He made a kind of leap, and the fire-echo seemed to flash before Eztli's eyes again. There on the windowsill was a turkey, the tlahuelpuchi, blood dripping from the beak of its blue head, a hazy aura hanging about its body. Eztli had always thought the bird looked like a rainbow trapped in darkness, the strange-colored feathers a sight of endless fascination. Without a word, the glowing bird flapped its wings and disappeared into the night. As it left, the babe gave out a wail, and Eztli slinked off into the night as the parents roused themselves.
Uncle Ichtaca had not left in the direction of their house, so Eztli took her time returning. She found her uncle's legs by the door to the house, right next to a pair of her father's sandals. Eztli picked them up and took them with her into the house. Everyone still snored, even grandmother, who had finally laid down on her side. Eztli picked her way through the darkness of the house, and found the obsidian knife her mother used to scrape skins and meat. Then she went and sat by the door to wait.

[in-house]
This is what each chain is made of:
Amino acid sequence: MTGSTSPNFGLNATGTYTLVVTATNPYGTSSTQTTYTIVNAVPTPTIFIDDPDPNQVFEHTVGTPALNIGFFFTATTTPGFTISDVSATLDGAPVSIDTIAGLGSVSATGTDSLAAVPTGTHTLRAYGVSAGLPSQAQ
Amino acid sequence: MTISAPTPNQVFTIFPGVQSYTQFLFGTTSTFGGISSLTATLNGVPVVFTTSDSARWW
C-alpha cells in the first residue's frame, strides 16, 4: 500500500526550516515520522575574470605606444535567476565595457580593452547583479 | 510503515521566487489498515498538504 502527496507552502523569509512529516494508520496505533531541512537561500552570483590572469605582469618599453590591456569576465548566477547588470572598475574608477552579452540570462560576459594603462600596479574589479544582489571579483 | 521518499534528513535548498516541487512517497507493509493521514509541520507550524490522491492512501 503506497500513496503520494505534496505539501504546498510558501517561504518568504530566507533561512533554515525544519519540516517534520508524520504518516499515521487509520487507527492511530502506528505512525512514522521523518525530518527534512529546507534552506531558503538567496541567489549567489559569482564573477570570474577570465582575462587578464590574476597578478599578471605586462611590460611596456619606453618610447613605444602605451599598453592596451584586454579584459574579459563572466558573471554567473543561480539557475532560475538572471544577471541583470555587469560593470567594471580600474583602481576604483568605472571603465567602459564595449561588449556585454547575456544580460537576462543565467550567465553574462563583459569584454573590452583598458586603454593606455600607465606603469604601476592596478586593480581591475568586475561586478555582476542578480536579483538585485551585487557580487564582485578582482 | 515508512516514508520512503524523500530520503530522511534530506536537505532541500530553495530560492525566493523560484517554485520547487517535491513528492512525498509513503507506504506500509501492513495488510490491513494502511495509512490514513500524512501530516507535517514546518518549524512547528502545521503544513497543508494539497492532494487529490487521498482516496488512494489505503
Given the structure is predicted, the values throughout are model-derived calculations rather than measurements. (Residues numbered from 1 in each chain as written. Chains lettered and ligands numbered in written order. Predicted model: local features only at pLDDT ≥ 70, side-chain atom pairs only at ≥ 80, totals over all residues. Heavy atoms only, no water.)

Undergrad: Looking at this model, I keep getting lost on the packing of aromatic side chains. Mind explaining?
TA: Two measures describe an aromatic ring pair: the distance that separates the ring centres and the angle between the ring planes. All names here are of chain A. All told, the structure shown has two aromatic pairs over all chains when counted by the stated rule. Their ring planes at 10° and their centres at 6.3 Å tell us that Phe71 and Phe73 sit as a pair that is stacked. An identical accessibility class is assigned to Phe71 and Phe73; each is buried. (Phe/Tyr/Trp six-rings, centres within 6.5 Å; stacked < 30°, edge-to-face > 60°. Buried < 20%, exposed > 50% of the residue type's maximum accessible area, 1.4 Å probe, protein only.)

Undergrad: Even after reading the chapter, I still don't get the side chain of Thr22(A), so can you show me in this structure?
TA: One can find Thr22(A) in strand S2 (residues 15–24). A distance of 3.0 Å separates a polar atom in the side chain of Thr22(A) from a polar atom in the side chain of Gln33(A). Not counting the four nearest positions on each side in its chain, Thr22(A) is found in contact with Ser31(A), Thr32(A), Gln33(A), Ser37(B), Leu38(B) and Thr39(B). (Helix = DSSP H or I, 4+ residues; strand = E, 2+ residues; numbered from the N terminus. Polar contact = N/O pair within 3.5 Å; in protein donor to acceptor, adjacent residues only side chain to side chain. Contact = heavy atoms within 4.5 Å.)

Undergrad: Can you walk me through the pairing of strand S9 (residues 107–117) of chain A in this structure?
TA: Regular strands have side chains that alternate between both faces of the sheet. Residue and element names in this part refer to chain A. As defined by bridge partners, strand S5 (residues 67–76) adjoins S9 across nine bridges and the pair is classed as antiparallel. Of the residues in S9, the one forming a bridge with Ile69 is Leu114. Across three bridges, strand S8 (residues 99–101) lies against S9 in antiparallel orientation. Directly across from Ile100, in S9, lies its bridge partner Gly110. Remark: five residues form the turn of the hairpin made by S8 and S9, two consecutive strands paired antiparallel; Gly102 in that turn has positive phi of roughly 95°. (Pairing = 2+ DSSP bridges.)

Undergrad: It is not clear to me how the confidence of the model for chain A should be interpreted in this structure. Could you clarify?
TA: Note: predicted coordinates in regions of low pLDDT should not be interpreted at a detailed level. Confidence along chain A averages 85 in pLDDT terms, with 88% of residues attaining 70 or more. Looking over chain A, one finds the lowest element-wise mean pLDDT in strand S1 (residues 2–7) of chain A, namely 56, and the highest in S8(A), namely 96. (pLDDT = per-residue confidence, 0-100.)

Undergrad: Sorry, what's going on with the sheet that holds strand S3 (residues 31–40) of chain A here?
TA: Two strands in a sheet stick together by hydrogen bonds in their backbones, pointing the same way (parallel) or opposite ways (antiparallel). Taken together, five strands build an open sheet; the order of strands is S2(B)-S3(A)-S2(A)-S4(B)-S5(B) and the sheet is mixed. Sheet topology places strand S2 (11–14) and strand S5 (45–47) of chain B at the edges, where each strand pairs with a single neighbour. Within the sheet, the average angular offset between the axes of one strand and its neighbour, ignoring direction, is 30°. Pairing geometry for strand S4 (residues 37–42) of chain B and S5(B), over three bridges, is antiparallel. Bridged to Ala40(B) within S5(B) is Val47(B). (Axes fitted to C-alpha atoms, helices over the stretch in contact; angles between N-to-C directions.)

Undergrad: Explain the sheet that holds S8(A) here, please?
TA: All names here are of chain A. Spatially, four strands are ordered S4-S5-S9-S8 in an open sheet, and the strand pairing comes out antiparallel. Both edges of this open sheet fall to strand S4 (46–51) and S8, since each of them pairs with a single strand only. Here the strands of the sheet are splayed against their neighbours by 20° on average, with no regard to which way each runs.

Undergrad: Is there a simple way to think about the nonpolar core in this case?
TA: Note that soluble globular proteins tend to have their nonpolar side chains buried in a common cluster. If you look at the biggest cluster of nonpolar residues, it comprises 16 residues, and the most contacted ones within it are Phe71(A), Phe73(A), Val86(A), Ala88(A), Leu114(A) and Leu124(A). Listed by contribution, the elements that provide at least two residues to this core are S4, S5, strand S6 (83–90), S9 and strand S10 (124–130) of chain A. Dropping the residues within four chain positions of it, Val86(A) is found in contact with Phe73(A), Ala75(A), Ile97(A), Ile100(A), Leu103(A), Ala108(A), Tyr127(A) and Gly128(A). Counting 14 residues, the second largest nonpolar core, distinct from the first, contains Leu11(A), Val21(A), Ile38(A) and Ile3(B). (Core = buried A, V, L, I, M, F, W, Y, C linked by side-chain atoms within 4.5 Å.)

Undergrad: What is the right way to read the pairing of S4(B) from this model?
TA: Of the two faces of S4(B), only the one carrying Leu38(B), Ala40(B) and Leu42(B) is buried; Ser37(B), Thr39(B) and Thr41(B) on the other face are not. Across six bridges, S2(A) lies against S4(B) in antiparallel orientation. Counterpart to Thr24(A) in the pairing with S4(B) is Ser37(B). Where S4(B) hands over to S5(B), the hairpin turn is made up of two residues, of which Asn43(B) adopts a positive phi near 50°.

Uncle Ichtaca would have a territory, she knew; a hunting-ground where the other tlahuelpuchi would not come. He rarely spoke to his niece or nephews, save sometimes in the evening after they had all shared a meal and were ready to sleep. Then he would tell them of the tlahuelpuchi in other places, and how they would meet at night to do their business and resolve their differences. He had spoken of the tlahuelpuchi as the priests might speak of Hunahpu and Xbalanque, and how they might deal with the aluxob and wayob, and even the terrible xtabay. Always, always the clever and powerful tlahuelpuchi got the best of the nagual and other monsters, a hero in the night.